TL;DR - built a new cable for my AKG K240 Studio headphones using Canare L-4E6S cable sleeved in 550 paracord (type 3). Fat fingers & lack of patience can break little parts. Read the whole thing for paracord sleeving suggestions.
I just started my first DIY project tonight, creating custom cable for my AKG K240 Studio headphones. I picked up some Canare L-4E6S cable, Switchcraft TA3FX 3-pin female mini-XLR, and a Switchcraft 35HDRANN right-angle nickle coated 3.5mm plug. My fat fingers broke off a post on the mini-xlr so I had order a couple of more, be here Friday. Anyways, what I wanted to do was use paracord as paracord crafting is a hobby of mine. Just wanted to post a few things a newbie, me, learned tonight getting what I wanted:
Paracord: Using paracord that you can pick up at Michaels or Joann Fabrics, even though it is the same manufacturer here in the US, they are not always the same diameter I found out tonight. It seems the solid colors are slight smaller in diameter (especially internally) than the multi-color/camo cords. I fished on some camo cord in a matter of minutes. Solid color was a no go for me. One thing about paracord is that if it is made in the US, it is pretty much made at the same facility, just repackaged by whoever. Chinese made paracord is not nearly as nice and workable as the US made stuff (not tooting horns here, just the solid truth, after working with paracord for 20+ years now).
Cable: Canare L-4E6S, definitely has to be stripped for 550 paracord (type 3). 750 paracord might fit, but I doubt it. Anyways, back to stripping. I just used a razor blade and ran the cable across my desk. Use a kitchen table, counter, whatever so you can run the blade down the length of the cable in longer runs. This stops the cable from turning on you and just gets annoying. I went in just a little. You know when you are getting to deep when you feel like speed bumps. That is the blade hitting the braided shielding. Don't press down so hard :) No worries, you didn't break anything. Once you get the cut all the way down, use your fingernail and pry open the rubber jacket. From there you can just peel it away from the cable. You shouldn't have to pull to hard. If you have to use a little force, no worries, this cable is crazy strong.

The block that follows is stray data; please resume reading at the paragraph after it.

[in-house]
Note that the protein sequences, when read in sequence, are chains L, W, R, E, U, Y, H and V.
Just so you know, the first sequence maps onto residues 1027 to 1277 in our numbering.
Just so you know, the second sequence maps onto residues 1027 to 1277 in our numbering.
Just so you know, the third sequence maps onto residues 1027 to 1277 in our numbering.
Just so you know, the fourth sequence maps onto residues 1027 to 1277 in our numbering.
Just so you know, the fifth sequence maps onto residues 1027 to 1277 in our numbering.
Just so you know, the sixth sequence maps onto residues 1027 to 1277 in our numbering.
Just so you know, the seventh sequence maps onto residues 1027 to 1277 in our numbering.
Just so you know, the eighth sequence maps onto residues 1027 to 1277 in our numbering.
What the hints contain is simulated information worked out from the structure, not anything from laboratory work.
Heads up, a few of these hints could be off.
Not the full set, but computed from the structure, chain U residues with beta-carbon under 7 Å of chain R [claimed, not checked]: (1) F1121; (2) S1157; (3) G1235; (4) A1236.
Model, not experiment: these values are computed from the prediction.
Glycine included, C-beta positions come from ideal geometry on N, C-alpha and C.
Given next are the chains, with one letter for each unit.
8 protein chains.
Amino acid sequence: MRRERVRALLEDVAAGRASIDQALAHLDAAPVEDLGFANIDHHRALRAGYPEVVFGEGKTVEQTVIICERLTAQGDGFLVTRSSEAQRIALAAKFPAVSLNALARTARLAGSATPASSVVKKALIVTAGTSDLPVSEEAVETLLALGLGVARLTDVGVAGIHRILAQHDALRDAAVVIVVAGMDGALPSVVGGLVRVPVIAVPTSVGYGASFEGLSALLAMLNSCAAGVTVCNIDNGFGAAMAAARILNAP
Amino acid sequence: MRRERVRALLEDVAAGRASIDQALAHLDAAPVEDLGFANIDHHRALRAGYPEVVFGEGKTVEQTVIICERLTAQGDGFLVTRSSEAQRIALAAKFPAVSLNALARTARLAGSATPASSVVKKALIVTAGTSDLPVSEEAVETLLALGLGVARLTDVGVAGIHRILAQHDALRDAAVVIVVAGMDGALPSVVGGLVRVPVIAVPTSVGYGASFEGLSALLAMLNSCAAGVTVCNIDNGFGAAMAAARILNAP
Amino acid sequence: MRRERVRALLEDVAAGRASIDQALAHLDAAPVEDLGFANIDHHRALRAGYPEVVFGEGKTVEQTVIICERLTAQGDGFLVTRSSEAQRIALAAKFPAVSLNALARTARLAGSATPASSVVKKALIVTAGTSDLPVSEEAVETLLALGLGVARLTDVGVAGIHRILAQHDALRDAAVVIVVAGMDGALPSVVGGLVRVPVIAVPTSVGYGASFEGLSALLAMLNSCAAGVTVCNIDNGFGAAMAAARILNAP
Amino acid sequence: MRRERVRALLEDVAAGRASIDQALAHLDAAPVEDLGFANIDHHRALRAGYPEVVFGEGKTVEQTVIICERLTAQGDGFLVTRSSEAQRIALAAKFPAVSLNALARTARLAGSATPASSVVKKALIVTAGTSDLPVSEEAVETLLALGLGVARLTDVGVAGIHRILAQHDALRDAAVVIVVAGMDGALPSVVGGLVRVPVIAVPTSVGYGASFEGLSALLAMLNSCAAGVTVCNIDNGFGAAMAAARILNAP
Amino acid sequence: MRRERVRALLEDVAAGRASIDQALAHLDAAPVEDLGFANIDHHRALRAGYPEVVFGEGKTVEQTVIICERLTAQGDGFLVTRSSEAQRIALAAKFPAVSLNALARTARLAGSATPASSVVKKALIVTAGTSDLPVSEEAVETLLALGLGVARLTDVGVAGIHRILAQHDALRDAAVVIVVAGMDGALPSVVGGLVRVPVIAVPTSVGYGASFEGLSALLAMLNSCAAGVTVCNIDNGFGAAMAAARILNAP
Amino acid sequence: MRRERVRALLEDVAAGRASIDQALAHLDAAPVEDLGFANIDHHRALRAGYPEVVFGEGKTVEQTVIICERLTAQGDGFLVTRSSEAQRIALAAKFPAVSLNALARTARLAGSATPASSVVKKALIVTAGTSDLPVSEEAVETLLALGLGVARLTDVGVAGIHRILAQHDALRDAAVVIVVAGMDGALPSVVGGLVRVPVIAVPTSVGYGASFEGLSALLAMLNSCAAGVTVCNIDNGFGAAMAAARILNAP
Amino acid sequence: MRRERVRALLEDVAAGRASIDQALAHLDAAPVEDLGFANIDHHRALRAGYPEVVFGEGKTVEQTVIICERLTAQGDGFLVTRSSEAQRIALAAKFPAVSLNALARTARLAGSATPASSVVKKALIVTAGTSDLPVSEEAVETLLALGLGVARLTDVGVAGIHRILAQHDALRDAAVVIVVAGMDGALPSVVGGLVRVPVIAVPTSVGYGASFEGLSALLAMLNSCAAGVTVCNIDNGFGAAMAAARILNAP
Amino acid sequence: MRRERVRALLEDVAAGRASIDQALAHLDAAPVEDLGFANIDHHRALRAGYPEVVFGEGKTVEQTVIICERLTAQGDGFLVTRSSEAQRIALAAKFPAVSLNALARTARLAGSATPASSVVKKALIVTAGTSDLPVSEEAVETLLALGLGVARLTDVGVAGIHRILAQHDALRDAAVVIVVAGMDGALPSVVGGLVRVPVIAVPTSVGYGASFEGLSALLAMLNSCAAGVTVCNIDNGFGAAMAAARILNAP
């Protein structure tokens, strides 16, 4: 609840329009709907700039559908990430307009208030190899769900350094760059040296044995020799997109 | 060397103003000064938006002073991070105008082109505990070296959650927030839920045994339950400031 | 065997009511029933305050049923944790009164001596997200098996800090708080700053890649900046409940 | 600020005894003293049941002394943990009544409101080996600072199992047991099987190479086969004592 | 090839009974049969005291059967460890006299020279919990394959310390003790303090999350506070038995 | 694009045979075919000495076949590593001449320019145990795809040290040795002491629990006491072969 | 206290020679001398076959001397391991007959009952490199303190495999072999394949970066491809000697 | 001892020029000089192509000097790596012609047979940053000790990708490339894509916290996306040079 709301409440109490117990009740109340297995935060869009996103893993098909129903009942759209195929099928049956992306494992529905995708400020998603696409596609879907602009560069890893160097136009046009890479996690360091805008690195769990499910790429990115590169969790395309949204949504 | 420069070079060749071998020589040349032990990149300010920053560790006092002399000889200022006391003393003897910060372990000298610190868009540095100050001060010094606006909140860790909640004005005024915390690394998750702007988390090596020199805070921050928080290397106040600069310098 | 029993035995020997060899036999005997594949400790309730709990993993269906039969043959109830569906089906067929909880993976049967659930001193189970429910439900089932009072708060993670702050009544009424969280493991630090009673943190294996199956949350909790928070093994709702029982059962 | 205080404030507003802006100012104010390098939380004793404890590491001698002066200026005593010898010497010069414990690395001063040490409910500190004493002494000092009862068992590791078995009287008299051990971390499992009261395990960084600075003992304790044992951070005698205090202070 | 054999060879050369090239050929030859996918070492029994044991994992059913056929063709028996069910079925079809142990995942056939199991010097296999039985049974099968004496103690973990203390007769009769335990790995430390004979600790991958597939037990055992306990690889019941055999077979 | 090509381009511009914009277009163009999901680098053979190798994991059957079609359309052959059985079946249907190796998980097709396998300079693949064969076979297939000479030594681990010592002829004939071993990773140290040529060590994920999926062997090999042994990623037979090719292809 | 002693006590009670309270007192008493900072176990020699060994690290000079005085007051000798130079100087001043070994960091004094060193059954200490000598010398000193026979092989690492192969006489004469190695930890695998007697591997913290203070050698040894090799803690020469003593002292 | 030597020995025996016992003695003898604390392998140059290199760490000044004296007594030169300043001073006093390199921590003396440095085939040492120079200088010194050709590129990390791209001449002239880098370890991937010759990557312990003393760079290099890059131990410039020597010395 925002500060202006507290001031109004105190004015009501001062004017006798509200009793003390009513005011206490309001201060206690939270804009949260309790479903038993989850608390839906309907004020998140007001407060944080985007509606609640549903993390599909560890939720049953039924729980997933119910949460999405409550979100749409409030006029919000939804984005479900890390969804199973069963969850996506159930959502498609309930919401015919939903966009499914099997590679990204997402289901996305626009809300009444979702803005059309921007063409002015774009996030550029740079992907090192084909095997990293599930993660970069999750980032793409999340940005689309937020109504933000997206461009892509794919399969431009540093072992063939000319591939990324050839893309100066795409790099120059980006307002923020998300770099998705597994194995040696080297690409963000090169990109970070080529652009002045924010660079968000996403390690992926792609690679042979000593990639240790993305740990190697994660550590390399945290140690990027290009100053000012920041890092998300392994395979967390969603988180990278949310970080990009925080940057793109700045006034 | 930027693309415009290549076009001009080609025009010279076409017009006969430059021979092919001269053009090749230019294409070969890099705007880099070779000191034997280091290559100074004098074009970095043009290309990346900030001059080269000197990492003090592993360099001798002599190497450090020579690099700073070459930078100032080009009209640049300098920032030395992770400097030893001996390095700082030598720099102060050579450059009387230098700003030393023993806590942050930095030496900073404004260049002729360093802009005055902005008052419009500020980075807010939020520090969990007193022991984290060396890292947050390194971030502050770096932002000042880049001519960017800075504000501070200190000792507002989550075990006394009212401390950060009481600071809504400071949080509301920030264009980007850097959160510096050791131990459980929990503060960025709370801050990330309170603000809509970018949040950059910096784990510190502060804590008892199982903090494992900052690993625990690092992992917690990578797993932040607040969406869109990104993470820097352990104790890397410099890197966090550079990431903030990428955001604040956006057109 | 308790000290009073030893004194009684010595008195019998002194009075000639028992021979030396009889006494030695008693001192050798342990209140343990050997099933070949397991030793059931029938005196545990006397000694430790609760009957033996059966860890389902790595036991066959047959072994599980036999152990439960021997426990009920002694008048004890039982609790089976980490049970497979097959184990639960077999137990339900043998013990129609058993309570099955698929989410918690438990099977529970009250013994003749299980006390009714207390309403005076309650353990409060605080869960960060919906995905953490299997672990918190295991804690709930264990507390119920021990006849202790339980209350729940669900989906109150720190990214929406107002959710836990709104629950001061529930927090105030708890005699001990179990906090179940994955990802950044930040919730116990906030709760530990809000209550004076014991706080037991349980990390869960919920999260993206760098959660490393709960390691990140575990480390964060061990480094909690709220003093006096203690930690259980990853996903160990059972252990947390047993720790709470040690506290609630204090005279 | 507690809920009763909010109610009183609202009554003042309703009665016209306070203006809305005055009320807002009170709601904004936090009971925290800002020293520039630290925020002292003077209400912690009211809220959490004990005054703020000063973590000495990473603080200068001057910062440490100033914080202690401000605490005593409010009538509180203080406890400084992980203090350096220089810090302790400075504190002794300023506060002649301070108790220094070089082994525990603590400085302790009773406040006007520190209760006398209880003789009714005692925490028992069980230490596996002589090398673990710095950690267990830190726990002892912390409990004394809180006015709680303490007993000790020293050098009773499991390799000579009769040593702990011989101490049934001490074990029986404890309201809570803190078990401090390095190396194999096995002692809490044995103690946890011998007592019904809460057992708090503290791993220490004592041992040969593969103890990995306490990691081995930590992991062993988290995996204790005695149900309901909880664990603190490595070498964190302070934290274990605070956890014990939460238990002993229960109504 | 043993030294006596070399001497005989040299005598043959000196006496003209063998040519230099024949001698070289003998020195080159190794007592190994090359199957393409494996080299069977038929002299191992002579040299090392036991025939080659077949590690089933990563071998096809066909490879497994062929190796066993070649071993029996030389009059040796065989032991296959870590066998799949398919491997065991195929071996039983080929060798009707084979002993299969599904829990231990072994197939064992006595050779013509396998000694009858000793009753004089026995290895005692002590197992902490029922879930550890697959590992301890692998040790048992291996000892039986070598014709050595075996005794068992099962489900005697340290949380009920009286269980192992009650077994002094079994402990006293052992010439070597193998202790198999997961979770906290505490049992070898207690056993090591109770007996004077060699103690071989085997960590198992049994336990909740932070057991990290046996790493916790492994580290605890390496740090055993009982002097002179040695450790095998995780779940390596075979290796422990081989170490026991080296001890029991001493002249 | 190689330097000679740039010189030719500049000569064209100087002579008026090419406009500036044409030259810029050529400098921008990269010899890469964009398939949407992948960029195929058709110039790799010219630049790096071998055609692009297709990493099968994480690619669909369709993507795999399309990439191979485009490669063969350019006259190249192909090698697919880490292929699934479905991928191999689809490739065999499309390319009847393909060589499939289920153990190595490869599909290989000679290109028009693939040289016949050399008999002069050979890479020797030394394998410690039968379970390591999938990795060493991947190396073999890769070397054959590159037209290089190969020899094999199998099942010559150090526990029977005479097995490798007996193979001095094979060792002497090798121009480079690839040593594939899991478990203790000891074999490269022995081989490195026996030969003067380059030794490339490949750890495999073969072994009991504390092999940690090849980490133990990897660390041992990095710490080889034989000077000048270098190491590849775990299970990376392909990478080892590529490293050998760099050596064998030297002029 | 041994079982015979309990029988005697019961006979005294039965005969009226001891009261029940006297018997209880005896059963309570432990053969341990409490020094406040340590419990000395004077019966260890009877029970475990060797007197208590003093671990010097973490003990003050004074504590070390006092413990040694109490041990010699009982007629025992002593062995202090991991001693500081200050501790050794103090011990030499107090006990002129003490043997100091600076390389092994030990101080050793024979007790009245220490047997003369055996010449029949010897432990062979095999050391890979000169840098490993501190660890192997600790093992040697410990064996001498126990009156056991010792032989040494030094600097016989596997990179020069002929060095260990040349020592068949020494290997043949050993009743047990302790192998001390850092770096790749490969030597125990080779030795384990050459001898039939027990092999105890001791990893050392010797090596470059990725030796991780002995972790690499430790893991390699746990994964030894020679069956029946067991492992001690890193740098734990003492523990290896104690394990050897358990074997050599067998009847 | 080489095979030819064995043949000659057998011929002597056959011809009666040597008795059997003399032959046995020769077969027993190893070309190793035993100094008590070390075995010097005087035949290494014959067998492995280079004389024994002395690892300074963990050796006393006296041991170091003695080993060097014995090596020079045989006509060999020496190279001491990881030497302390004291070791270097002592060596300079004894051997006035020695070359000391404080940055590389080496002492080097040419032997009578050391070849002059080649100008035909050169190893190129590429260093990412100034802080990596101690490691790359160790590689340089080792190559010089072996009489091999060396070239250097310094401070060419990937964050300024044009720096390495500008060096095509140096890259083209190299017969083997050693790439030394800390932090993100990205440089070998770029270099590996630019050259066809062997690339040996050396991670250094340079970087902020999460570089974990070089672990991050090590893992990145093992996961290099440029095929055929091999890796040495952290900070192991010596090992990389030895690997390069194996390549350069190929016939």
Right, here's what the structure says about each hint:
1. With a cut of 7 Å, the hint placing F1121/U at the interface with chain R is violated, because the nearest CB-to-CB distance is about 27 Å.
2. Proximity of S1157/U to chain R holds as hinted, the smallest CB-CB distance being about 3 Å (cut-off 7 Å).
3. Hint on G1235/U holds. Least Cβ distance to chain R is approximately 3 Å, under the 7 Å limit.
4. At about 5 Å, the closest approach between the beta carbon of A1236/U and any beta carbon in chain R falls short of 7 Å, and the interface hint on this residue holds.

When fishing the paracord onto the cable, you want to "push" the paracord onto the cable. Once you work out fishing it a few inches to a foot, you will get the hang of it and it should go quick at this point. I make a light fish with my hand that is on the paracord, and kind of push the cable towards my fist. You will feel the paracord bunch up, quite a few inches at a time. Then I squeeze my pinky finger as to not let the paracord slip backwards. Once I squeeze my pinky, I release the fist a little and the paracord would go right up the cable with little to no effort at all. In about 3 minutes I did 10 feet of cable. 15 minutes if you include the stripping.
Must have tools for DIY cabling for you first timers: Good wire/side cutters, good wire stripper, decent soldering iron, decent solder, decent solder wick (remove any extra solder you might get everywhere your first time soldering), MAGIC HANDS (I have the original Radio Shack magnified ones from the 80s or 90s), razor blade/sharp knife. My favorite soldering iron for doing small stuff is the ANTEX G/3U (mines quite old). I like it because I can easily slide on/off different tips as needed, and it doesn't get dangerously hot as to start melting stuff you are working around.
This project, to do my headphone cable only cost me $25 shipped. I am in Chicago, IL, USA so I used Full Compass. They are outside of Madison, WI, USA and ground shipping is the same as overnight for me. They have a lot of decent stuff at pretty good prices. I just found a dealer for Furutech who lives a mile from me. Already talking to him about getting me some really nice looking Furutech connectors. Sorry for the book.